A 2012 study led by Susan Christoffersen of the University of Toronto found that for each extra dollar of commission paid, the average fund acquired $14 worth of assets. But what’s shocking is that each percentage point of commission paid corresponded to a reduction of half a percentage point in annual net returns to shareholders. It’s that kind of scenario that should have investors feeling suspicious.
A 2011 study went so far as to suggest that commissions may, in fact, be the cause of poor performance. The study, reported in a National Bureau of Economic Research working paper by Diane Del Guercio and Jonathan Reuter, found that actively managed mutual funds don’t always do worse than index funds but that they do underperform in the case of funds sold through brokers. The authors concluded that the management companies had little incentive to improve fund performance because the commissions they were paid already gave them access to investors that they otherwise might have had to gain by providing superior returns.
The potential for conflict and the resulting harm to investors prompted the Obama administration—via the Department of Labor—to propose a wider-reaching fiduciary standard, which went into partial effect this month. This means that brokers and advisors serving retirement accounts explicitly and legally have to put their clients’ interests above their own, rather than selecting products that they deem “suitable,” the weaker standard in effect today.
Just how prevalent and substantial the conflicts are in the provision of financial advice is unclear, but a report published in February 2015 by the Council of Economic Advisors, a research agency within the White House, took a stab at quantifying it. It estimated that $1.7 trillion of assets in individual retirement accounts (IRAs) are “invested in products that generally provide payments that generate conflicts of interest” and that the conflicted advice reduces annual returns by 1%, or $17 billion.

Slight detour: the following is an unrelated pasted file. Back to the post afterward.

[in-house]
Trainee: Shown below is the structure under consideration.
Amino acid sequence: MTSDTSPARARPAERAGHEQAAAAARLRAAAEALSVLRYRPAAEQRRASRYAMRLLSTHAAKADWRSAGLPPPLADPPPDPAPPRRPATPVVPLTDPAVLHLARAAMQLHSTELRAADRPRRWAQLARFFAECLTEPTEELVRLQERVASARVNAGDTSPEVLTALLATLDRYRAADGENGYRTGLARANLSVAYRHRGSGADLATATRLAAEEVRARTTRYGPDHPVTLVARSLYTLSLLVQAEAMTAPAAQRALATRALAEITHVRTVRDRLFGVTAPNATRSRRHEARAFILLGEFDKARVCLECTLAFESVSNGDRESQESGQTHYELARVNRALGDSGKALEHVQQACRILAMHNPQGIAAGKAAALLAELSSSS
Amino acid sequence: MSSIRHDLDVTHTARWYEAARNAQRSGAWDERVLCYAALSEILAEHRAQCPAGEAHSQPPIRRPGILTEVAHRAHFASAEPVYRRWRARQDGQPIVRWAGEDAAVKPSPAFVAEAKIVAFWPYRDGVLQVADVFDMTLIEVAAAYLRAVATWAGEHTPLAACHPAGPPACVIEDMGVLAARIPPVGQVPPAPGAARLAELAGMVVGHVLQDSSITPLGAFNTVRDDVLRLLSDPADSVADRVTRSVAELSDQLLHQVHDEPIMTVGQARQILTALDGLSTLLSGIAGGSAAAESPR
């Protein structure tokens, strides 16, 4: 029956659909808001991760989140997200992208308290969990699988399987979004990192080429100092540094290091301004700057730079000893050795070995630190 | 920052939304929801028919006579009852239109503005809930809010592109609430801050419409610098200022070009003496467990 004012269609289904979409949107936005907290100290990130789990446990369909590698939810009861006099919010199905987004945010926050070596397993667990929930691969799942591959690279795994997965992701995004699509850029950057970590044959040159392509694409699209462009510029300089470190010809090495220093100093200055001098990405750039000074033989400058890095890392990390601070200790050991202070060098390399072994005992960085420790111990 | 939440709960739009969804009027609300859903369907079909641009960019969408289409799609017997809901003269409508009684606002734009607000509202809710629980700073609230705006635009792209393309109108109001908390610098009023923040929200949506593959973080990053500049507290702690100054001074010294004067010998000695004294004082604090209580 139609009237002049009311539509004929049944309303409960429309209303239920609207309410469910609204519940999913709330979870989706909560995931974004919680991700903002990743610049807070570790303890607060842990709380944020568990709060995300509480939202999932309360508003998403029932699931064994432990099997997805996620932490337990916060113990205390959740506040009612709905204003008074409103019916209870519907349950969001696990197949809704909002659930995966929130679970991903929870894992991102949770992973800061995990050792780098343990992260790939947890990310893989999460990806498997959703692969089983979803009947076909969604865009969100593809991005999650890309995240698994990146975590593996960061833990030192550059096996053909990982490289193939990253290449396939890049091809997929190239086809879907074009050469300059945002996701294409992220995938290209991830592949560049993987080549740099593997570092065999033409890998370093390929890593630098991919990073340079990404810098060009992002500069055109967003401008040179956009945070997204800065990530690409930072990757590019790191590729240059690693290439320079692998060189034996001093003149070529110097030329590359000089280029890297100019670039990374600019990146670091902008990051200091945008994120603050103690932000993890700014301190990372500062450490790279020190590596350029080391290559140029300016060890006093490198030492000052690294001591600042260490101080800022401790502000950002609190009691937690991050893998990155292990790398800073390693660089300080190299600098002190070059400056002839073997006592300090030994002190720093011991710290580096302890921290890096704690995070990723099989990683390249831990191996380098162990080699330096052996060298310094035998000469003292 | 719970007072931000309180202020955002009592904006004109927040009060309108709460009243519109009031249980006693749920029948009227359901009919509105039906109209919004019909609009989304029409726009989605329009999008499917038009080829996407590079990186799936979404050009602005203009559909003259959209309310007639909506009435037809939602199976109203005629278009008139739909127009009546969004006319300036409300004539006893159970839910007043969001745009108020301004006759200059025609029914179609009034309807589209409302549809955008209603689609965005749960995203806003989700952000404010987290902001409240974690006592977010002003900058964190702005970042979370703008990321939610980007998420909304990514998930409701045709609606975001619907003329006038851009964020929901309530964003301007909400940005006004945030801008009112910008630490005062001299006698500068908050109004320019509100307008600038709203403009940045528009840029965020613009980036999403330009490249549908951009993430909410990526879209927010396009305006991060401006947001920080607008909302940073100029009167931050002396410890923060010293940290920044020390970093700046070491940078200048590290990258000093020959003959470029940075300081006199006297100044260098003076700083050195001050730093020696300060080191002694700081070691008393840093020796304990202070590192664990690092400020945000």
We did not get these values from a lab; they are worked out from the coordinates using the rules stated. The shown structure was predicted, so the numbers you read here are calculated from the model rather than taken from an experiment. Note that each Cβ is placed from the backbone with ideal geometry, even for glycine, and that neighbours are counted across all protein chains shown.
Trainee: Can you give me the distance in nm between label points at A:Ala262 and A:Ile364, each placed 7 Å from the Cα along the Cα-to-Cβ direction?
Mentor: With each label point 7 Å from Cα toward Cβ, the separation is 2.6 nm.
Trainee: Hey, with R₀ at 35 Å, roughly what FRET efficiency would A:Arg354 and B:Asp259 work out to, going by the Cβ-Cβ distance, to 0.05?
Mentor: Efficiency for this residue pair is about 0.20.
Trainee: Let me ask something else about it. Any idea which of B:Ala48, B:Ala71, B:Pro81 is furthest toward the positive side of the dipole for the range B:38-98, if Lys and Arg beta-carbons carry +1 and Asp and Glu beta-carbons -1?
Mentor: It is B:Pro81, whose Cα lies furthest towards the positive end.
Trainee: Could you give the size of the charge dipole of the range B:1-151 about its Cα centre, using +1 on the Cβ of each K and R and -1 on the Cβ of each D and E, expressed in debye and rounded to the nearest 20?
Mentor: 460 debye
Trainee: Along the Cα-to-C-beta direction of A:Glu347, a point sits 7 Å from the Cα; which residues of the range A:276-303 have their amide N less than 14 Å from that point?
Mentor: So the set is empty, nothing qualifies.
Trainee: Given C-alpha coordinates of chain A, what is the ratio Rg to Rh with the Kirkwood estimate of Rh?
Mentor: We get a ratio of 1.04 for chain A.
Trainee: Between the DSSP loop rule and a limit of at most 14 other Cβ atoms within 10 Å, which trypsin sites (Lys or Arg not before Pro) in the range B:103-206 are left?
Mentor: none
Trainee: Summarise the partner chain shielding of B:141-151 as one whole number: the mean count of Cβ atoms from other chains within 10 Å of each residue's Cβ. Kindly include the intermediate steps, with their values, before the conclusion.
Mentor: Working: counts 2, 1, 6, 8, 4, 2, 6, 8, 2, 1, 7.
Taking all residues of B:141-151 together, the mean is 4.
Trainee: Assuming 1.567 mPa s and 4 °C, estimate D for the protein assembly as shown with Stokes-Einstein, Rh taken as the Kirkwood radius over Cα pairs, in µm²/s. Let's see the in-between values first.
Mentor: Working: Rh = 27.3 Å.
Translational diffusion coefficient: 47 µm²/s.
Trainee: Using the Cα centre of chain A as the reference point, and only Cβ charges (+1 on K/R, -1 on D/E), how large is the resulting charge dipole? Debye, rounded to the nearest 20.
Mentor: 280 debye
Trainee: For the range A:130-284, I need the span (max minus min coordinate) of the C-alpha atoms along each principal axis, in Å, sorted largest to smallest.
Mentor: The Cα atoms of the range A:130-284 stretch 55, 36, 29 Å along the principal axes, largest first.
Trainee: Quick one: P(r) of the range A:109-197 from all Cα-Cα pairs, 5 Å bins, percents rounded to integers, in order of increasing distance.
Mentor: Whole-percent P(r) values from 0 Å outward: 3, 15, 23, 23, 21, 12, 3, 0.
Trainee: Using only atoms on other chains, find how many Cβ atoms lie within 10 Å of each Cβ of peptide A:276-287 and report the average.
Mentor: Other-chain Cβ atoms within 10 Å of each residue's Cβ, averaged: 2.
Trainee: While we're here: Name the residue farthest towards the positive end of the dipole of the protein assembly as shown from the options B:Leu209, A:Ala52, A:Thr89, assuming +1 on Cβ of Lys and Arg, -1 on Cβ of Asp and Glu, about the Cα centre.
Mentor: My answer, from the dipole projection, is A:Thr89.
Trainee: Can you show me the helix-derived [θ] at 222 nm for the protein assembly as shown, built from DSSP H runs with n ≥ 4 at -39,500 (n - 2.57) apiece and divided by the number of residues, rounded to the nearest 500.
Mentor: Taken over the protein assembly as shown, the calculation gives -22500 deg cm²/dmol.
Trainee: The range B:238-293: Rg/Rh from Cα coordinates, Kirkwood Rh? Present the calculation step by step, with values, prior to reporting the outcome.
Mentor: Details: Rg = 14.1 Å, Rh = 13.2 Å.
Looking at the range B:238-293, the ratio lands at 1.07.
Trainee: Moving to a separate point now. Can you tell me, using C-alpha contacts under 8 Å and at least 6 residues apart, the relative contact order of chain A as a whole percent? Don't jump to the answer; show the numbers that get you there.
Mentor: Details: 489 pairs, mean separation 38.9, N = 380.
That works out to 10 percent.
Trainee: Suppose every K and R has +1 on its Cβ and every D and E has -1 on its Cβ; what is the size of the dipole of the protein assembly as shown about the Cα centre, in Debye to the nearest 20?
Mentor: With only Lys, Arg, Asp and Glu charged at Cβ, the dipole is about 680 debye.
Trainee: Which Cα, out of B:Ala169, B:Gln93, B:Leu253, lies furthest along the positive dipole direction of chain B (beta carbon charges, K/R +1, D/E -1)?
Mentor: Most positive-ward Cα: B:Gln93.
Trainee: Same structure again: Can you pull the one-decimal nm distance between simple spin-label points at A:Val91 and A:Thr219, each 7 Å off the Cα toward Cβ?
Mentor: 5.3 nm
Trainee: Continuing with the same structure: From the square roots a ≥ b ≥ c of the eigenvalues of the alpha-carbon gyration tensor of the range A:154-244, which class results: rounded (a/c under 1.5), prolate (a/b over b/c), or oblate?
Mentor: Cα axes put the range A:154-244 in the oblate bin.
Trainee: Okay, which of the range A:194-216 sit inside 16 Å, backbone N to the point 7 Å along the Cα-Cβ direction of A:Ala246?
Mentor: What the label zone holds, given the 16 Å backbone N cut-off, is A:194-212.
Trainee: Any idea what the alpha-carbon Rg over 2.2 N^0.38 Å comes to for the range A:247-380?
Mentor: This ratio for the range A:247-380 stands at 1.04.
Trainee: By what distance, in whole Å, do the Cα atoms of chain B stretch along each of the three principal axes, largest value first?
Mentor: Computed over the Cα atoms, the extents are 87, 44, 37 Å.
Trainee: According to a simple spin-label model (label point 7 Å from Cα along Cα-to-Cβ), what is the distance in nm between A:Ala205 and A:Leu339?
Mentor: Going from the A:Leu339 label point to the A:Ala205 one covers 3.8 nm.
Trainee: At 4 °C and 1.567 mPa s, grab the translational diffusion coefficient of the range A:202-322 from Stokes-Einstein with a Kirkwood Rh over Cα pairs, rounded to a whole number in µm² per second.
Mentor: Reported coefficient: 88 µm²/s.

The CEA report is based on a survey of academic research, and the authors acknowledged that their estimates are just ballpark figures. Still, there are ample reasons for concern as to whether retirement savers can access quality advice at a reasonable price, and they emphasize that “conflicted advice leads to large and economically meaningful costs for Americans’ retirement savings.”
Another common cost is extracted through funds’ front-end sales loads. These are charges tacked onto the purchase price of a mutual fund and often shared between the buyer’s advisor and the advisor’s firm. You might be surprised by this, and it’s because you aren’t given a bill explicitly listing this cost, instead, it’s often buried somewhere in the fine print, and treated like a negative return. You invest $100 and actually start with $97. As of March 2015, loads are assessed on funds with upwards of $2.5 trillion in assets, or 17.5% of all funds sold, according to Morningstar.